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More Strikes Planned For South Western Railway

Matt Crisp October 16, 2018

If a number of your employees commute to work on trains run by South Western Railway, you may want to explore the possibility of arranging coach hire to help them get to work over the coming months after another round of train strikes was announced.

The RMT Union has said that walkouts will take place on nine dates, with the first strike planned for Tuesday 23 October. This particular walkout is set to last until 27 October, targeting not only commuters but also families and those travelling during the half-term break.

There will also be day-long strike action on every Saturday in November, which is likely to have more of an impact on those travelling in the south west for pleasure, rather than for work.

Mick Cash, RMT general secretary, accused South Western Railway of stalling the talks between the union and the firm.

He added that the company has “failed to provide any sort of offer that comes close to resolving this dispute which matches the widespread best practice in the industry, underpinned by the guard guarantee”.

However, a spokesman for South Western Railway accused the RMT of “cynically” selecting dates that will hurt travellers the most.

He also countered the claims made by Mr Cash, stating: “Our plans mean more guards, not fewer, and we have guaranteed a guard with safety critical competencies to be rostered on all of our services.”

Whatever the reason for the strike, it won’t do much to alleviate the frustration and disruption suffered by railway passengers.

This comes after a host of disruptions for rail passengers across the UK. There have also been staff walkouts on Northern Rail services in recent weeks, not to mention the disruption caused in May by a botched timetable upgrade.

City AM recently reported that the number of people buying rail season tickets fell for the eighth consecutive quarter between April and June this year. Season tickets now account for just 35 per cent of market share on the UK’s railways, compared to 50 per cent almost ten years ago.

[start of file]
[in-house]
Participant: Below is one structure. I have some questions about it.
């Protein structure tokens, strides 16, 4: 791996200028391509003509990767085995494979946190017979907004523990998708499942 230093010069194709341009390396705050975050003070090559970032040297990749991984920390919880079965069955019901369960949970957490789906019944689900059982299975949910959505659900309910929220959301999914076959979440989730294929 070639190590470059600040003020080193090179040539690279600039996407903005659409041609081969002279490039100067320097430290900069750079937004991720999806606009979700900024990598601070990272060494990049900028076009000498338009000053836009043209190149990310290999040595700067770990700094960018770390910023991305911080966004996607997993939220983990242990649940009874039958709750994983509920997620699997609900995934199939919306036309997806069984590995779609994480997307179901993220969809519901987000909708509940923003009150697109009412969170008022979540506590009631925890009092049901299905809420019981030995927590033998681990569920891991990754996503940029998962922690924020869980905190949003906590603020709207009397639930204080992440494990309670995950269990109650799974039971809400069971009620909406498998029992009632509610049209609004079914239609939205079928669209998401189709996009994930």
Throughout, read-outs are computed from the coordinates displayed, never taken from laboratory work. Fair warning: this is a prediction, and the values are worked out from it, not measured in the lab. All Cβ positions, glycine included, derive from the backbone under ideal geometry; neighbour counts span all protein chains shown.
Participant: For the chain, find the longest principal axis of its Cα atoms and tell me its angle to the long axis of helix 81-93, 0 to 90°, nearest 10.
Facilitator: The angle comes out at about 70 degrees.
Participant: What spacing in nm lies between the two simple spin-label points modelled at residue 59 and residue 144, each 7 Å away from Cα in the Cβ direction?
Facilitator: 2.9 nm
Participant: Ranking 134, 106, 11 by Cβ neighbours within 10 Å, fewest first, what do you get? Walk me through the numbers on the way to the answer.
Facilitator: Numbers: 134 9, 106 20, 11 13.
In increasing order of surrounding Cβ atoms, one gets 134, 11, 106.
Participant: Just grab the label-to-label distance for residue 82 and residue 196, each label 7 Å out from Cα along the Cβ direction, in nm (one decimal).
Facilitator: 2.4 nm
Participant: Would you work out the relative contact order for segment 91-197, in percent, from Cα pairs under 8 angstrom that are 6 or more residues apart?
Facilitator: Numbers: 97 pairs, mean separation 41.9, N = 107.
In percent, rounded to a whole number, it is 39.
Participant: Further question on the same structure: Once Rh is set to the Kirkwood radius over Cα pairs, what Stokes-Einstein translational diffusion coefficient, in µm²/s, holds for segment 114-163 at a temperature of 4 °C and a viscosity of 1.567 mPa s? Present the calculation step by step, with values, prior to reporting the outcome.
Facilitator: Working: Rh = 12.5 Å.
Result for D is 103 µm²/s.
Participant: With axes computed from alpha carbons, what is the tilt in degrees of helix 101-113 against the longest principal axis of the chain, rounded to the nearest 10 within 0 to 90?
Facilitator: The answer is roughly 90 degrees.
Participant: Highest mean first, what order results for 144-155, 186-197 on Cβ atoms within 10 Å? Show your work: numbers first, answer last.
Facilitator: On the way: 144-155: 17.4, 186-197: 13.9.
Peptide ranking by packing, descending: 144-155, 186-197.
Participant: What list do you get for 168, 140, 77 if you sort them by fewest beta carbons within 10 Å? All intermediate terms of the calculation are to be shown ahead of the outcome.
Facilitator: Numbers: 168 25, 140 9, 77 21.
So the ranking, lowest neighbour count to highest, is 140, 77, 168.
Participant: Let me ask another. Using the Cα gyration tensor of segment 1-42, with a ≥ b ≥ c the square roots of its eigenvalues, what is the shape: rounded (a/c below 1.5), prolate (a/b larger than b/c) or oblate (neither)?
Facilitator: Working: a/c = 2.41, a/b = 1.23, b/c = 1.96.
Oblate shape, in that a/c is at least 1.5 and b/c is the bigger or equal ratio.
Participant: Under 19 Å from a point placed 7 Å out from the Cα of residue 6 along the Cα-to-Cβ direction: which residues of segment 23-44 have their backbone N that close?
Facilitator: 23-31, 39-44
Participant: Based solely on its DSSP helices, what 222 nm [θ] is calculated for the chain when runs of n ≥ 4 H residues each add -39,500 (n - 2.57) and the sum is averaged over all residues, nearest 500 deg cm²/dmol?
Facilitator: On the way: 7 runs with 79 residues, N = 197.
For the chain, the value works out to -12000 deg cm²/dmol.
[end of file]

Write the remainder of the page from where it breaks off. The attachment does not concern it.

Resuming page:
The main reasons for the decline in season-ticket travellers have been the increased cost of travelling regularly by train, as well as more businesses allowing their employees to work more flexibly.

Last month, the Office of Road and Rail (ORR) released its interim report into the disruption caused by the introduction of the new timetable, particularly on routes run by Govia Thameslink Railway and Northern Rail.

According to the ORR, one of the main issues stems from “an apparent gap in industry responsibility and accountability for managing systemic risk”, with the organisation adding that this must change.

The inquiry has not only criticised the rail operators, but also Network Rail and the Department for Transport for the parts they played in the scheme and the extensive delays and confusion that ensued.

It noted that a series of issues were responsible for all the disruption, including the delays to completing the North West Electrification Programme, the phased introduction of Thameslink and stretched resources in the Network Rail timetabling department.

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